Interested in learning what's next for the gaming industry? Join gaming executives to discuss emerging parts of the industry this October at GamesBeat Summit Next. Register today.

You want to play virtual reality games, but you don’t want to rack up a $10,000 veterinarian bill because you stepped on the dog. That’s reasonable, and one of the headsets has a solution to this.

HTC’s Vive, which it built in partnership with SteamVR creator Valve, has an outward-facing camera that can show you the world around you. The device launched today for $800, and it specializes in room-scale VR. This is a kind of simulated environment that tracks your movement as you walk around a space that’s at most 15-feet-by-15-feet. It’s difficult to walk around a room while you have a screen strapped to each one of your eyeballs. To solve this, Valve enables players to instantly call up the camera at any time by double-tapping the System button on either one of the Vive motion controllers. But this doesn’t work exactly like you would expect. Instead of filling your vision with a high-definition color image, you get something more along the lines of Terminator vision.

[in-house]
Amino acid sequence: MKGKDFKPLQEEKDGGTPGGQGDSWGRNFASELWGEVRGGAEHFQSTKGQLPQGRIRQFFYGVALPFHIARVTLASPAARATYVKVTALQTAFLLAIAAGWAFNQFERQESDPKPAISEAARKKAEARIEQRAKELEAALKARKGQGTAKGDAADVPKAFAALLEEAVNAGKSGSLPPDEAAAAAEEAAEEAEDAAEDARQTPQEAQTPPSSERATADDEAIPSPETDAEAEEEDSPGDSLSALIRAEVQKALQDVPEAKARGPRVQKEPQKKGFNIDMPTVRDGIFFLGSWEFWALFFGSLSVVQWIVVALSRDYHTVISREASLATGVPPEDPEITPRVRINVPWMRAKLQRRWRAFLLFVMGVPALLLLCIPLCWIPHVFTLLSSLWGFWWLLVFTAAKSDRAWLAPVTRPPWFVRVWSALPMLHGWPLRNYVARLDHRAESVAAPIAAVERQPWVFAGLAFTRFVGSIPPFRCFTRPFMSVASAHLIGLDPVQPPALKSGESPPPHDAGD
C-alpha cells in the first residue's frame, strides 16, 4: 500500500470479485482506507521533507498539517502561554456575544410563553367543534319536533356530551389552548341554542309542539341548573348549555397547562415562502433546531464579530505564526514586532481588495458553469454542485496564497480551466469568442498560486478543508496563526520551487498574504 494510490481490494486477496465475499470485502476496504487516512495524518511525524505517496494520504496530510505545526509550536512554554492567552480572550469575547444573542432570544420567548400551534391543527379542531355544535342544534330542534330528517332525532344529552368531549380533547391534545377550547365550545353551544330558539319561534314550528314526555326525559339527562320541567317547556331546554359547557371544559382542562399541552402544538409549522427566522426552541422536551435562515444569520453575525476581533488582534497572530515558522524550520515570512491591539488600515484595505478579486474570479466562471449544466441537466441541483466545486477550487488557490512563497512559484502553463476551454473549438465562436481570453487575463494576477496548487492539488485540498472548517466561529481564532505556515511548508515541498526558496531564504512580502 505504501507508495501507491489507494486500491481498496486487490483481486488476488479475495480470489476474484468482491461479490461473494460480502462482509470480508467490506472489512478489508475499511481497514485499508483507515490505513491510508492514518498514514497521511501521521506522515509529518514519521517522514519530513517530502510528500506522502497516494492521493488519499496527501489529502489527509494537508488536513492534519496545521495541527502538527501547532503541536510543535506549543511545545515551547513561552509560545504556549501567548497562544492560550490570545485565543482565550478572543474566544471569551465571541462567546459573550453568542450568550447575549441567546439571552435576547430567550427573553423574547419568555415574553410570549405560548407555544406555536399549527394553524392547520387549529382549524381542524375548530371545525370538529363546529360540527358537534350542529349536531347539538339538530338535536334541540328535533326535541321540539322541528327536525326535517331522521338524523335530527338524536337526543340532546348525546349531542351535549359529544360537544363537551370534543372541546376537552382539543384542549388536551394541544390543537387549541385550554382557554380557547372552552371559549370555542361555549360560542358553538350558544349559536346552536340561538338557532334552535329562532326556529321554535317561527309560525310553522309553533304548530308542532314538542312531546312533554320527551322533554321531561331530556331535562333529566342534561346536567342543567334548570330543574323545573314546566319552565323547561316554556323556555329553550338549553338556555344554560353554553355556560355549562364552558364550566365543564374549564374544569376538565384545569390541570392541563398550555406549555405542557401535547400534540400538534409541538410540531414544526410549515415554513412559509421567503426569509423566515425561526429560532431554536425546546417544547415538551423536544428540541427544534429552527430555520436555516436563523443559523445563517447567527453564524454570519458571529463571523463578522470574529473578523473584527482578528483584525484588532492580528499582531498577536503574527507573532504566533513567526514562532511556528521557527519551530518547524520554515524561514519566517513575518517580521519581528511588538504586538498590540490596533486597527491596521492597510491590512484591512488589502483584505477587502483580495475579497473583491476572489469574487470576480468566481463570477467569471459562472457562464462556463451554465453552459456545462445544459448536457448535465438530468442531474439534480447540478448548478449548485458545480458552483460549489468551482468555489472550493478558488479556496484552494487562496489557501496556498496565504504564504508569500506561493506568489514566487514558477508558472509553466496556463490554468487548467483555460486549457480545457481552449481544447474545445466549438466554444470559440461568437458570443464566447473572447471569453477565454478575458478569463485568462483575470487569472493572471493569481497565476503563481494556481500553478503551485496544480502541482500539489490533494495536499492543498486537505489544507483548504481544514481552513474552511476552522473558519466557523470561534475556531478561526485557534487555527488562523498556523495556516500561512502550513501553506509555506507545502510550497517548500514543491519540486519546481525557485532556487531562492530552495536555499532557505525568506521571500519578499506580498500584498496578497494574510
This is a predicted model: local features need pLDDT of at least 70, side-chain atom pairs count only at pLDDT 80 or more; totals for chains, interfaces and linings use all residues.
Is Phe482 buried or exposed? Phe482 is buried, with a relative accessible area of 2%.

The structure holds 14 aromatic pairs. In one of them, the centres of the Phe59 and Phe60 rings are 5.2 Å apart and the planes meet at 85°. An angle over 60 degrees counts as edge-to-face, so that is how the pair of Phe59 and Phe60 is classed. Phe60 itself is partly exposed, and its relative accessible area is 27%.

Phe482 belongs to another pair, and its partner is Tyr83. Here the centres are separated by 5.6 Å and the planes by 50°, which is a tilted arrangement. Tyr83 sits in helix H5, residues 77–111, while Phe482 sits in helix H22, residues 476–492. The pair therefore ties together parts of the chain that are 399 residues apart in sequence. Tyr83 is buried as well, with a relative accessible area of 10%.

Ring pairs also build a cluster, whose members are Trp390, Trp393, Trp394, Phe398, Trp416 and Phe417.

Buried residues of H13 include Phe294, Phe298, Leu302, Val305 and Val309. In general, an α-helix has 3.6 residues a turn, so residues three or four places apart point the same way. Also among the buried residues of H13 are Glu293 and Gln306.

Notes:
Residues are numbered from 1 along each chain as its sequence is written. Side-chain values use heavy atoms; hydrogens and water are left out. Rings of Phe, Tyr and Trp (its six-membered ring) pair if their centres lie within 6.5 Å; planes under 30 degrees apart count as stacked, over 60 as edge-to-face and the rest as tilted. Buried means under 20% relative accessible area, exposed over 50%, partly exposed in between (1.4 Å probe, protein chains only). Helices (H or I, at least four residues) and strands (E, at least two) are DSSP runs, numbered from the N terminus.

Go ahead and check out the video below to see what I mean, and then I’ll explain why SteamVR works this way:


GamesBeat Summit Next 2022

Join gaming leaders live this October 25-26 in San Francisco to examine the next big opportunities within the gaming industry.

Register Here

The camera on the front of the Vive could give you a full-color picture, but you’d probably find it really uncomfortable. Looking at the world through a camera that is sitting a few inches off your face would likely give you some woozy feelings in your stomach. Additionally, most camera lenses do not match the same field-of-view as your vision. If Valve gave you that 1-to-1 vision, your brain would likely reject it.

Because of this, SteamVR abstracts the camera feed. It gives you an outline of the items in the world in a monotone color. This is all the information you need to avoid ramming your shin into a table.

It’s a clever trick, and it’s one more example of how the engineers behind VR are figuring out how to present this new tech to consumers in a safe way.

GamesBeat's creed when covering the game industry is "where passion meets business." What does this mean? We want to tell you how the news matters to you -- not just as a decision-maker at a game studio, but also as a fan of games. Whether you read our articles, listen to our podcasts, or watch our videos, GamesBeat will help you learn about the industry and enjoy engaging with it. Learn more about membership.